The former UP president should have tried it then or were there red flags already from various stakeholders? Why was the former UP president suddenly bold now? The least that could have been done was to ask the CBA people to go slow. Then some faculty members were aghast at the idea, but the Faculty Regent was the one who moved that the Board of Regents (BoR) approve the renaming last April 13, 2013. How does the faculty regent arrive at decisions prior to a vote? How come the faculty members against the plan are not calling the attention of their representative now? Interestingly, the motion was approved unanimously. The so-called left (student regent and staff regent) voted for it. Now the left is attacking the decision when it was in the regular agenda of the Board. I understand the agenda is given a week before every meeting. Why did the left vote for it?

    Section 1 of R.A. 1059 clearly states: “The naming of sitios, barrios, municipalities, cities, provinces, streets, highways, avenues, bridges, and other public thoroughfares, parks, plazas, public schools, public buildings, piers, government crafts and vessels, and other public institutions and places after living persons is hereby prohibited, except when it is a condition in a donation in favor of the government. Any ordinance or resolution adopted contrary to the provisions of this Act shall be null and void.” Mr. Virata is a living person. Is U.P. now just like politicians who love leaving legacies by changing names of streets, school buildings bearing their names and building statues with their likeness?

    A petition is now circulating online appealing to the U.P. BoR to rescind the renaming of CBA to Cesar E.A. Virata School of Business. Interestingly, it states: “Such honor given to a top technocrat of the Marcos dictatorship brings dishonor to the 72 UP martyrs who offered their lives fighting the Marcos dictatorship and who were recognized by then UP President Emerlinda R. Roman in the Centennial Commemoration of the University with these words: “Giving service to the nation . . . is accepted by the UP community, but some of us did more – gave their lives to serve the nation and offered their lives for justice [and]peace They inspire us and give us hope for change in our lives. Today, we remember their extraordinary valor. Because of them, life is a little better for us all. To their families, please know that they are remembered [with]deepest respect and admiration.” What an interesting twist and an irony of mega proportions!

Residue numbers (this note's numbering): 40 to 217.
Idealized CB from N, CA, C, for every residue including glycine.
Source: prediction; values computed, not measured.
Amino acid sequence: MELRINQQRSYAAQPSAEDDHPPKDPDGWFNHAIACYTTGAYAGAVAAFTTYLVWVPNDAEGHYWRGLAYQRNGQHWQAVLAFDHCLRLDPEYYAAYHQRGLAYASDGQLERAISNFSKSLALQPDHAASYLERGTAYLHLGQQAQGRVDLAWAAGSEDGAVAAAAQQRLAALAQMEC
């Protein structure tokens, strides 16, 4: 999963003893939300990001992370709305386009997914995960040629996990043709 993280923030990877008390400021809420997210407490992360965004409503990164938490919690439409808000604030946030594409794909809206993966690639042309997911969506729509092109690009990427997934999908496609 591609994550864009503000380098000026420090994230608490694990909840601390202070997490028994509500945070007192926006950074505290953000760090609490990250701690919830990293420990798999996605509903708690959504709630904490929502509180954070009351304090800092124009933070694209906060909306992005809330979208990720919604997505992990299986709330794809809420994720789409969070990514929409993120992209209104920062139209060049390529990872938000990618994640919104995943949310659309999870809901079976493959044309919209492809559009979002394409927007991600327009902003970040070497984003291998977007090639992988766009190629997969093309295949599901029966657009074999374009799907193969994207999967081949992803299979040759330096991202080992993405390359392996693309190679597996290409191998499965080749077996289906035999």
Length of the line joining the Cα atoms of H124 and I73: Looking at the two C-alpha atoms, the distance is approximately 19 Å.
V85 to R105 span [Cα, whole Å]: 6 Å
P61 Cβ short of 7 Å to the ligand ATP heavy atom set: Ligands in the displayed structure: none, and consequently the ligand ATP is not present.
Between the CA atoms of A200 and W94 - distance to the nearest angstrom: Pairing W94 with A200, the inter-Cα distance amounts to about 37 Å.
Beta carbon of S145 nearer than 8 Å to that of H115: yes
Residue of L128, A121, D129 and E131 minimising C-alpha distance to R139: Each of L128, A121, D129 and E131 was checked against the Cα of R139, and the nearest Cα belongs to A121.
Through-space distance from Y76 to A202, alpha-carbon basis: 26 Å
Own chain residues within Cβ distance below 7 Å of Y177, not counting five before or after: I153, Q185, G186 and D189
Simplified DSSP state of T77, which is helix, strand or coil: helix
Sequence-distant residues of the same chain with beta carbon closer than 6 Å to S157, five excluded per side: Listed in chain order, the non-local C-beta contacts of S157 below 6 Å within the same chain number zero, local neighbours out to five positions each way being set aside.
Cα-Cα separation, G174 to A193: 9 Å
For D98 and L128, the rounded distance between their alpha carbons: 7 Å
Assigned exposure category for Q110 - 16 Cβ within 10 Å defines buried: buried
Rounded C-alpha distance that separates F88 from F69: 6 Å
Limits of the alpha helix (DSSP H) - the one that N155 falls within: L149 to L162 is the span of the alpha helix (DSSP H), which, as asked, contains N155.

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    1. rico santiago on

      Cezar Virata, probably knows he is being used to test the water for the next presidential elections. If he can be accepted, well, it will open the opportunities for the second generation after 41 years. . . 1972 martial law. UP is being used too.

    2. Vena Pearl Bongolan on

      Buhay pa siya! Tayo lang siguro gumagawa nito … naming things after people still alive …

    3. Cesar Virata was not just a harmless “technocrat” who was the “deodorizer of a dictator”.

      He was THE Prime Minister, THE Secretary of Finance and an Assemblyman during the Marcos regime.

      He has as much influence and responsibility as Fabian Ver and Juan Ponce Enrile.

      It is easy to get fooled by his quiet demeanor and soft-spoken-ness.

      It is so ironic that 72 UP members died during his tenure while Mr. Virata is now living in luxury at the ripe old age of 82.

      It is more ironic, however, that this venerable institution — which was the scene of so many student demonstrations — would now turn 180 degrees and honor this architect of the Marcos martial law regime — the darkest chapter of our nation’s history.

    4. Eufemio Agbayani III on

      Dear Ms. Tiquia,

      I agree with your concern regarding the renaming of CBA, but the whole UP community wasn’t for it. Most students were taken by surprise.